gkt166-F6: The hinge and RRM3 domains of HuC are important for HuC–HuC interaction in cell lysates. (A and B) Myc- and Xpress-tagged HuC domain deletion mutants (A), HuC partial domain deletion mutants (B) and HuC splice variants (B) were co-transfected into HeLa cells. Top of A and B: IP of cell lysates was carried out using either IgG or Myc beads, with or without RNase treatment, followed by western blot analysis with anti-Xpress antibody. To the right of the figure is a chart summarizing the results of the co-IP experiment, with + indicating an interaction between the two exogenously expressed proteins, and − indicating a lack of interaction. Bottom of A and B: western blot analysis using 10% input with anti-Myc antibody to confirm that Myc-tagged proteins were expressed in each of the experiments shown in the top portion of the figure. Transfection numbers refer to the same experiment for the top and bottom portions of the figure.
Mentions: Hu proteins are known to interact with themselves (52–57). We sought to understand which portions of HuC are important for binding to itself, and whether these same portions of HuC are required for splicing regulation. IP experiments were performed in which Xpress- and Myc-tagged HuC mutants were both expressed in HeLa cells. Expression of Xpress-tagged HuC proteins was confirmed by western blot analysis (Figure 6A and B, top portion, input lanes), as was the expression of Myc-tagged proteins (Figure 6A and B, bottom portion). Myc-tagged HuC proteins were pulled down using beads coated with anti-Myc antibody, and western blot analysis was performed with anti-Xpress antibody to detect co-immunoprecipitated Xpress-tagged HuC proteins (Figure 6A and B, top portion, α-Myc lanes). Pull-downs using IgG-coated beads were performed as negative controls (Figure 6A and B, top portion, IgG lanes).Figure 6.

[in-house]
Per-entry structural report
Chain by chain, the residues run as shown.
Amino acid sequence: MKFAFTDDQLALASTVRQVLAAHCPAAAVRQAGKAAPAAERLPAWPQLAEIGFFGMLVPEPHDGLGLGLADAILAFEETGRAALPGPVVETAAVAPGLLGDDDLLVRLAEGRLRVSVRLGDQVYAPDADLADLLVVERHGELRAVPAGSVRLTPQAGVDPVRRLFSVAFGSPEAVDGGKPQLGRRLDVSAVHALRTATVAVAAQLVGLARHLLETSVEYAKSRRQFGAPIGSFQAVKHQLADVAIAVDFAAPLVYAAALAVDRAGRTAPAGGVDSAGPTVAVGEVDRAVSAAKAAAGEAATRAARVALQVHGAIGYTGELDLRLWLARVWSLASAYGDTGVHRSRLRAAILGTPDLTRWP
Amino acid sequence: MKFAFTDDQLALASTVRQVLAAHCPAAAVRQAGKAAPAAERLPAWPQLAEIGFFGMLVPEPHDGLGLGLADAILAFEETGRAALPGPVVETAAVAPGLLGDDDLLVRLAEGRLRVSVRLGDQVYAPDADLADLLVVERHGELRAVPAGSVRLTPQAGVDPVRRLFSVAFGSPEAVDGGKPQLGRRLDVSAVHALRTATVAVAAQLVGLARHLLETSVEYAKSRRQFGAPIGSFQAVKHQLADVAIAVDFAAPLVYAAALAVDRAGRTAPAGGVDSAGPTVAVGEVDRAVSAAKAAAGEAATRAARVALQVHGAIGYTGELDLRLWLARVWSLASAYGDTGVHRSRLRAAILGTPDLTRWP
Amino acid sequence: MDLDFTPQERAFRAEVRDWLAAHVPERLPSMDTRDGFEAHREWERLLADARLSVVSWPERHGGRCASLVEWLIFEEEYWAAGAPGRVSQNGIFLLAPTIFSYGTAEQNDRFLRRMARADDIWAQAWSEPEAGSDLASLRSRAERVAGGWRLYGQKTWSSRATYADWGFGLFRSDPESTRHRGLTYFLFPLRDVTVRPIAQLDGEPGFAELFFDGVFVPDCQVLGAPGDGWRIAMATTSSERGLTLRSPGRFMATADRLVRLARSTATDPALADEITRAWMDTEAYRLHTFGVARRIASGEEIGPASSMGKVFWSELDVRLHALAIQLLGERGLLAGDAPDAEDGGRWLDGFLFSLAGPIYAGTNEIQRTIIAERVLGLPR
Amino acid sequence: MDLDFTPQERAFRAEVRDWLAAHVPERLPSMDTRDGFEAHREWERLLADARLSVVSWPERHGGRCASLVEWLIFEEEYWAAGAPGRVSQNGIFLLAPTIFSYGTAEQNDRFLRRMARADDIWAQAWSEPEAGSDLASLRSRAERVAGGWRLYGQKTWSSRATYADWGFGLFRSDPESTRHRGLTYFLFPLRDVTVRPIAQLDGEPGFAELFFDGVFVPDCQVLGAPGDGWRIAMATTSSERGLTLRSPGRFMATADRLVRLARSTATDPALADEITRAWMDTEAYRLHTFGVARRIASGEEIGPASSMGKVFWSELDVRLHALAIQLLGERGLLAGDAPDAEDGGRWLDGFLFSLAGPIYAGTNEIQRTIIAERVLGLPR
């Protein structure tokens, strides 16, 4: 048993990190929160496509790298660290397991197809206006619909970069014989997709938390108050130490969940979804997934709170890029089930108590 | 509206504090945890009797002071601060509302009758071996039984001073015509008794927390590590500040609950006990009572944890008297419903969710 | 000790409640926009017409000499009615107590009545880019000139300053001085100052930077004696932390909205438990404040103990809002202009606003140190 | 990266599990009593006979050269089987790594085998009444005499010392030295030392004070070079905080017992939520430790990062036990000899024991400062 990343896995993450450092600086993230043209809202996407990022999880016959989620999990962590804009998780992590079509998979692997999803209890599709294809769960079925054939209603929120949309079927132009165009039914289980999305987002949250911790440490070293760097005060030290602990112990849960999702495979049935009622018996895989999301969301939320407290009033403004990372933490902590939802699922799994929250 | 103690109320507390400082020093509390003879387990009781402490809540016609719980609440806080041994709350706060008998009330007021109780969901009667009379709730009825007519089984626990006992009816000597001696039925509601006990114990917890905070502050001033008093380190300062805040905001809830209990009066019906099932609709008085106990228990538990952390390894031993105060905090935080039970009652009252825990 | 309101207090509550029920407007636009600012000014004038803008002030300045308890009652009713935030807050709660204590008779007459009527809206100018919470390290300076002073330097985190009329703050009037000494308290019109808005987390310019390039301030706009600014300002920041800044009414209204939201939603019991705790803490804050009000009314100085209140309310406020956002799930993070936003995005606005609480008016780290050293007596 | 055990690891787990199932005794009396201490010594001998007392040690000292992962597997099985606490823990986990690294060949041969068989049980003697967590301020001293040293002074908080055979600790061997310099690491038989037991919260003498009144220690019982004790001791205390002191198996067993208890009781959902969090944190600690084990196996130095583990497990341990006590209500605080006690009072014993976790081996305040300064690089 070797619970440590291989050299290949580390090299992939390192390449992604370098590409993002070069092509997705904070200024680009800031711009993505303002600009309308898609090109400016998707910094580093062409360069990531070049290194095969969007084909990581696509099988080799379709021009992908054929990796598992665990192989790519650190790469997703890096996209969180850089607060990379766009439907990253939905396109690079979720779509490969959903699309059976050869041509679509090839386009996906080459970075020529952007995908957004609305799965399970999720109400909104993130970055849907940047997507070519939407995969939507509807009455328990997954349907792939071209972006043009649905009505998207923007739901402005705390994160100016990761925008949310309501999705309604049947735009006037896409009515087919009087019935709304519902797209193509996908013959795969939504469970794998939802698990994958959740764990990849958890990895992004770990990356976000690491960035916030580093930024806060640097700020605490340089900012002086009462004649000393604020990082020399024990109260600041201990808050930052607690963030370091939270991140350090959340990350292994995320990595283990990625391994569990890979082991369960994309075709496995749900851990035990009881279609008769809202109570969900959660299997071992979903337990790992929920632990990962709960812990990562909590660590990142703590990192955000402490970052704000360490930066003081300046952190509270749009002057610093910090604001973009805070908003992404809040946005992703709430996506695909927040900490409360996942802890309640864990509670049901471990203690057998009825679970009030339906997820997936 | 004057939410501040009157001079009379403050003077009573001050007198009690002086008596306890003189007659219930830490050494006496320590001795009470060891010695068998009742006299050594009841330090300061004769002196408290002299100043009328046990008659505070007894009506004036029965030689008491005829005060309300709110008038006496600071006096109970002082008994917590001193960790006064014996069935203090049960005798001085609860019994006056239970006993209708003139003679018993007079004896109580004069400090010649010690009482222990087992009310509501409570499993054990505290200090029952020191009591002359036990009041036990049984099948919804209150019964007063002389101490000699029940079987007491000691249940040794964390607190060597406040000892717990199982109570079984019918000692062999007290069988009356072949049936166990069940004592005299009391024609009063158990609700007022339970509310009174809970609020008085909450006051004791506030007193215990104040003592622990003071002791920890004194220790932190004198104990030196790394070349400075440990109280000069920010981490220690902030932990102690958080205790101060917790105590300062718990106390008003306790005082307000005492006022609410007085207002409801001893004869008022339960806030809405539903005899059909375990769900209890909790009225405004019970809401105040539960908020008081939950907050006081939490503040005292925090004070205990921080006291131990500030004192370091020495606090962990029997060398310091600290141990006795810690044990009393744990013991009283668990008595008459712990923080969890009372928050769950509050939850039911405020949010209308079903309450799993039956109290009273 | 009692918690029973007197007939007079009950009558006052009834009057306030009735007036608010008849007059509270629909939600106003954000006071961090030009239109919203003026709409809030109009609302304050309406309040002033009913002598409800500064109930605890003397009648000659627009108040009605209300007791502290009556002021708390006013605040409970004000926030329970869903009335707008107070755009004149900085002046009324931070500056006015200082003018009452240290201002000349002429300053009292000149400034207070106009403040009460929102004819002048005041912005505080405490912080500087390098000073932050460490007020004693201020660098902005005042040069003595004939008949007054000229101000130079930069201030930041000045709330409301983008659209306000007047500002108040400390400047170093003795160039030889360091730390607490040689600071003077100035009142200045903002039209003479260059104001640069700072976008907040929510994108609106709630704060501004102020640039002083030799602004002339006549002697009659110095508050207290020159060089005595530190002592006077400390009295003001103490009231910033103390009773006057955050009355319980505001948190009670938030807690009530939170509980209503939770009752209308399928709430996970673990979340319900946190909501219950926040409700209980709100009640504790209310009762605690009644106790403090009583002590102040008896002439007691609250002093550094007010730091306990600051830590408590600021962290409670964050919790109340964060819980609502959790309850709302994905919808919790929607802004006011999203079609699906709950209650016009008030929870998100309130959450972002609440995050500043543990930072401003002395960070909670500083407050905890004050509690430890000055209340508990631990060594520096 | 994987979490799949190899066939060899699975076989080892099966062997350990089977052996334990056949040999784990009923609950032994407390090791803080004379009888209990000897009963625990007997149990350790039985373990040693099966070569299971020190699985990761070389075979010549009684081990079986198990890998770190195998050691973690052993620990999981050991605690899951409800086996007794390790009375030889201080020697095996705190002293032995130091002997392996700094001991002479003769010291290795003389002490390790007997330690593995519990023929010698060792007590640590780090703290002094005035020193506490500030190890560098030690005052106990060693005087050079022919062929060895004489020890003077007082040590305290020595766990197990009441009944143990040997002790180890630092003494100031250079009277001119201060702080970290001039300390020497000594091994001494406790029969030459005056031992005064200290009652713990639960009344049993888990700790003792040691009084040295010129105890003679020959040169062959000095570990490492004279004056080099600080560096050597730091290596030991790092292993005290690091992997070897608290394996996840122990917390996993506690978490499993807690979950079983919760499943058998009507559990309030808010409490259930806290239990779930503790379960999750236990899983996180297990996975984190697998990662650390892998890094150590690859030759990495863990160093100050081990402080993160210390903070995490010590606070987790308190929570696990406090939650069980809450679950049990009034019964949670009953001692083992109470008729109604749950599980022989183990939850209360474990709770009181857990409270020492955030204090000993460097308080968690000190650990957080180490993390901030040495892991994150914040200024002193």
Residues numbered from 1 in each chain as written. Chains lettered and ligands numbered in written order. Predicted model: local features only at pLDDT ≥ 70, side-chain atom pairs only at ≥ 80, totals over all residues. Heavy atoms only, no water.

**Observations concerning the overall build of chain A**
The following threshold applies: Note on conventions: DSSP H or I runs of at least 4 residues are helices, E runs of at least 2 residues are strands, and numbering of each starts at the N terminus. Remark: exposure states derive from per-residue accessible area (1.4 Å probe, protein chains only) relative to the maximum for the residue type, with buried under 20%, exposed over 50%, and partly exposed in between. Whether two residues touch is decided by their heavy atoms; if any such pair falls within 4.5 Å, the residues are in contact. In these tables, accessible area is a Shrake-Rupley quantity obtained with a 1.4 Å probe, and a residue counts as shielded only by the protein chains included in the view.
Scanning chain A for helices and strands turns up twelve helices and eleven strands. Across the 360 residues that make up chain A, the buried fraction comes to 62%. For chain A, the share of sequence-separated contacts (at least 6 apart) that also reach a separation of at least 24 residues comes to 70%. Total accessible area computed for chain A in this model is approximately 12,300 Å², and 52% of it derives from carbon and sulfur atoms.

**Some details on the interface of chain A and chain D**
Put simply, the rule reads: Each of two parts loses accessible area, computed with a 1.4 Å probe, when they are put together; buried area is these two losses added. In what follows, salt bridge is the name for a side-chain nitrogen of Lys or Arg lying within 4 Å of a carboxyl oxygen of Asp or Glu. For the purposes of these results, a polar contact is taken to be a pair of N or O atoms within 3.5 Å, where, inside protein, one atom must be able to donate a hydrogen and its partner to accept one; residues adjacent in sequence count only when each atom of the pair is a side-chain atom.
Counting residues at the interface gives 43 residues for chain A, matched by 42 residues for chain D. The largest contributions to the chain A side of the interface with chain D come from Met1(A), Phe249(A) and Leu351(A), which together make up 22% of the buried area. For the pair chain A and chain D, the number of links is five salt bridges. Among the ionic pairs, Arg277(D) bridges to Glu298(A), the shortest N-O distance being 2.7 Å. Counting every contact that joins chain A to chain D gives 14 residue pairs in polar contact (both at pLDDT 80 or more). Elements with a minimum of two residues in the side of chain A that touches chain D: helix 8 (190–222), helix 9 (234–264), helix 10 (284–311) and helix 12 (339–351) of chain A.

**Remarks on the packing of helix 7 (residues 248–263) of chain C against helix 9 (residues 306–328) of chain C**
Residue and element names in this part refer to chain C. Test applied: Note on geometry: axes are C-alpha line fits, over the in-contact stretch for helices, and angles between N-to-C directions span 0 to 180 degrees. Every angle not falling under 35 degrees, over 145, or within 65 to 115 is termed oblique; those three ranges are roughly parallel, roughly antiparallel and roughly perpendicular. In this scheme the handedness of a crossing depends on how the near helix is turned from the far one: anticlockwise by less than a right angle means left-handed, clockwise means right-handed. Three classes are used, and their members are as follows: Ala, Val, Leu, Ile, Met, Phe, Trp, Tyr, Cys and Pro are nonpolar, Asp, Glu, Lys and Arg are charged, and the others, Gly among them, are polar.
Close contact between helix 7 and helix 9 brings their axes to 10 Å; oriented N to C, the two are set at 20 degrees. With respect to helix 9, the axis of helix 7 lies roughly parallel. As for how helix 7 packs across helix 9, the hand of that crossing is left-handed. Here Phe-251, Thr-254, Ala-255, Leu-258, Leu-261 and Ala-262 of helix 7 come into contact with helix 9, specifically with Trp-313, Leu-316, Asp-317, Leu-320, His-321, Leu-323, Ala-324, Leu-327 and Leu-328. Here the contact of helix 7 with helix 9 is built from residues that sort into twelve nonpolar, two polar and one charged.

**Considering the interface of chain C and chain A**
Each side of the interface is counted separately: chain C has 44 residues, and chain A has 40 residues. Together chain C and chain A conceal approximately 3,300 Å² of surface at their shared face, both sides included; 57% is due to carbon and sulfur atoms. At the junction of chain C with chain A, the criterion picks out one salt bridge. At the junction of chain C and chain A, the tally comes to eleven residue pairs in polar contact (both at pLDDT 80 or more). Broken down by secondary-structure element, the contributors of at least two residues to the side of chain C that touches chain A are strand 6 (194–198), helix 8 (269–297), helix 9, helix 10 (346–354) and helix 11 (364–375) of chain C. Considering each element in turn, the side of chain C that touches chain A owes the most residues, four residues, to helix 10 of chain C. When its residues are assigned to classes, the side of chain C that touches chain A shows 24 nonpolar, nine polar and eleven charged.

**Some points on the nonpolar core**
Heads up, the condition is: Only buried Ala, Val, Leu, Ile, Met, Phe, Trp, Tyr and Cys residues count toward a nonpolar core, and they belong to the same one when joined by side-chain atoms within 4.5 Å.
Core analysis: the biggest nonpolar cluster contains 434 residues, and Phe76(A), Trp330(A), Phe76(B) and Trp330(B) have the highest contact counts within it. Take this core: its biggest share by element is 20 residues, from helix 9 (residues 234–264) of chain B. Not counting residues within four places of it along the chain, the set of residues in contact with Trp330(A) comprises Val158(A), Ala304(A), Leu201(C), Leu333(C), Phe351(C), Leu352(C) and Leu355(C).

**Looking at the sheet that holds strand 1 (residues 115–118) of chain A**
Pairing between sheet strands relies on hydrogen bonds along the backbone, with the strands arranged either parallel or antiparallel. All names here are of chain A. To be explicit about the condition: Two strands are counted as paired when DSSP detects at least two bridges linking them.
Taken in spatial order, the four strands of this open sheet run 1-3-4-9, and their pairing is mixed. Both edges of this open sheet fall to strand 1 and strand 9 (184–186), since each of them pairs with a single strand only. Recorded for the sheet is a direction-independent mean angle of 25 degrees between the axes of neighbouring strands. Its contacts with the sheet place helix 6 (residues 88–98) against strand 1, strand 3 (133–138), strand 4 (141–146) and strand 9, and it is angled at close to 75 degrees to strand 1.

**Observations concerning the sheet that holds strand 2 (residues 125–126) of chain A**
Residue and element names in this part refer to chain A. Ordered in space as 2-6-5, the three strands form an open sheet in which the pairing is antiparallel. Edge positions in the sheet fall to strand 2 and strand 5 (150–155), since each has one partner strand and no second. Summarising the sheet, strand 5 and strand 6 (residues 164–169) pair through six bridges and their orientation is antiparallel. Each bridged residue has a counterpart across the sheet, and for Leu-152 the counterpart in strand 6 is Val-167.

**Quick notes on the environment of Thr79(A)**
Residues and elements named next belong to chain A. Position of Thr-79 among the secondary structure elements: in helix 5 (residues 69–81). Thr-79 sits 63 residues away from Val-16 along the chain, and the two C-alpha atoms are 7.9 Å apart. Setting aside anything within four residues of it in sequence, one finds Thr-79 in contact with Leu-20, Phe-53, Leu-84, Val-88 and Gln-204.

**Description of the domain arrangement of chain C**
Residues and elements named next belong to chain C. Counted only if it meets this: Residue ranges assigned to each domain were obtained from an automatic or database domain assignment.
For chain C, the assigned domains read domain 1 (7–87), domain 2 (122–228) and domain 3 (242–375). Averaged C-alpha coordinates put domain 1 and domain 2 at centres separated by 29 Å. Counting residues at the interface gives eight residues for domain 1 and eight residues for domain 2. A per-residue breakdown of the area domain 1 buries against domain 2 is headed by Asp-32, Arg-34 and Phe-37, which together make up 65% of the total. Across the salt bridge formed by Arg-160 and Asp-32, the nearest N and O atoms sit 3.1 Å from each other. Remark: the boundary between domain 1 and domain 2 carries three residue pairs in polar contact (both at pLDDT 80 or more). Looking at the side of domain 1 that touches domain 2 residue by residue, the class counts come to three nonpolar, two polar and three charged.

Bottom Line: Each of the Hu proteins contains a divergent N-terminus, three highly conserved RNA recognition motifs (RRM1, RRM2 and RRM3) and a hinge region separating RRM2 and RRM3.The roles of each domain in splicing regulation are not well understood.Finally, we find that the portions of RRM3 required for HuC-HuC interaction overlap with those required for splicing regulation of all three targets, suggesting a role of HuC-HuC interaction in splicing regulation.

View Article: PubMed Central - PubMed

Affiliation: Department of Genetics and Genome Sciences, School of Medicine, Case Western Reserve University, Cleveland, OH 44106, USA.

ABSTRACT
The four Hu [embryonic lethal abnormal vision-like (ELAVL)] protein family members regulate alternative splicing by binding to U-rich sequences surrounding target exons and affecting the interaction of the splicing machinery and/or local chromatin modifications. Each of the Hu proteins contains a divergent N-terminus, three highly conserved RNA recognition motifs (RRM1, RRM2 and RRM3) and a hinge region separating RRM2 and RRM3. The roles of each domain in splicing regulation are not well understood. Here, we investigate how HuC, a relatively poorly characterized family member, regulates three target pre-mRNAs: neurofibromatosis type I, Fas and HuD. We find that the HuC N-terminus is dispensable for splicing regulation, and the three RRMs are required for splicing regulation of each target, whereas the hinge region contributes to regulation of only some targets. Interestingly, the regions of the hinge and RRM3 required for regulating different targets only partially overlap, implying substrate-specific mechanisms of HuC-mediated splicing regulation. We show that RRM1 and RRM2 are required for binding to target pre-mRNAs, whereas the hinge and RRM3 are required for HuC-HuC self-interaction. Finally, we find that the portions of RRM3 required for HuC-HuC interaction overlap with those required for splicing regulation of all three targets, suggesting a role of HuC-HuC interaction in splicing regulation.

Show MeSH
Related in: MedlinePlus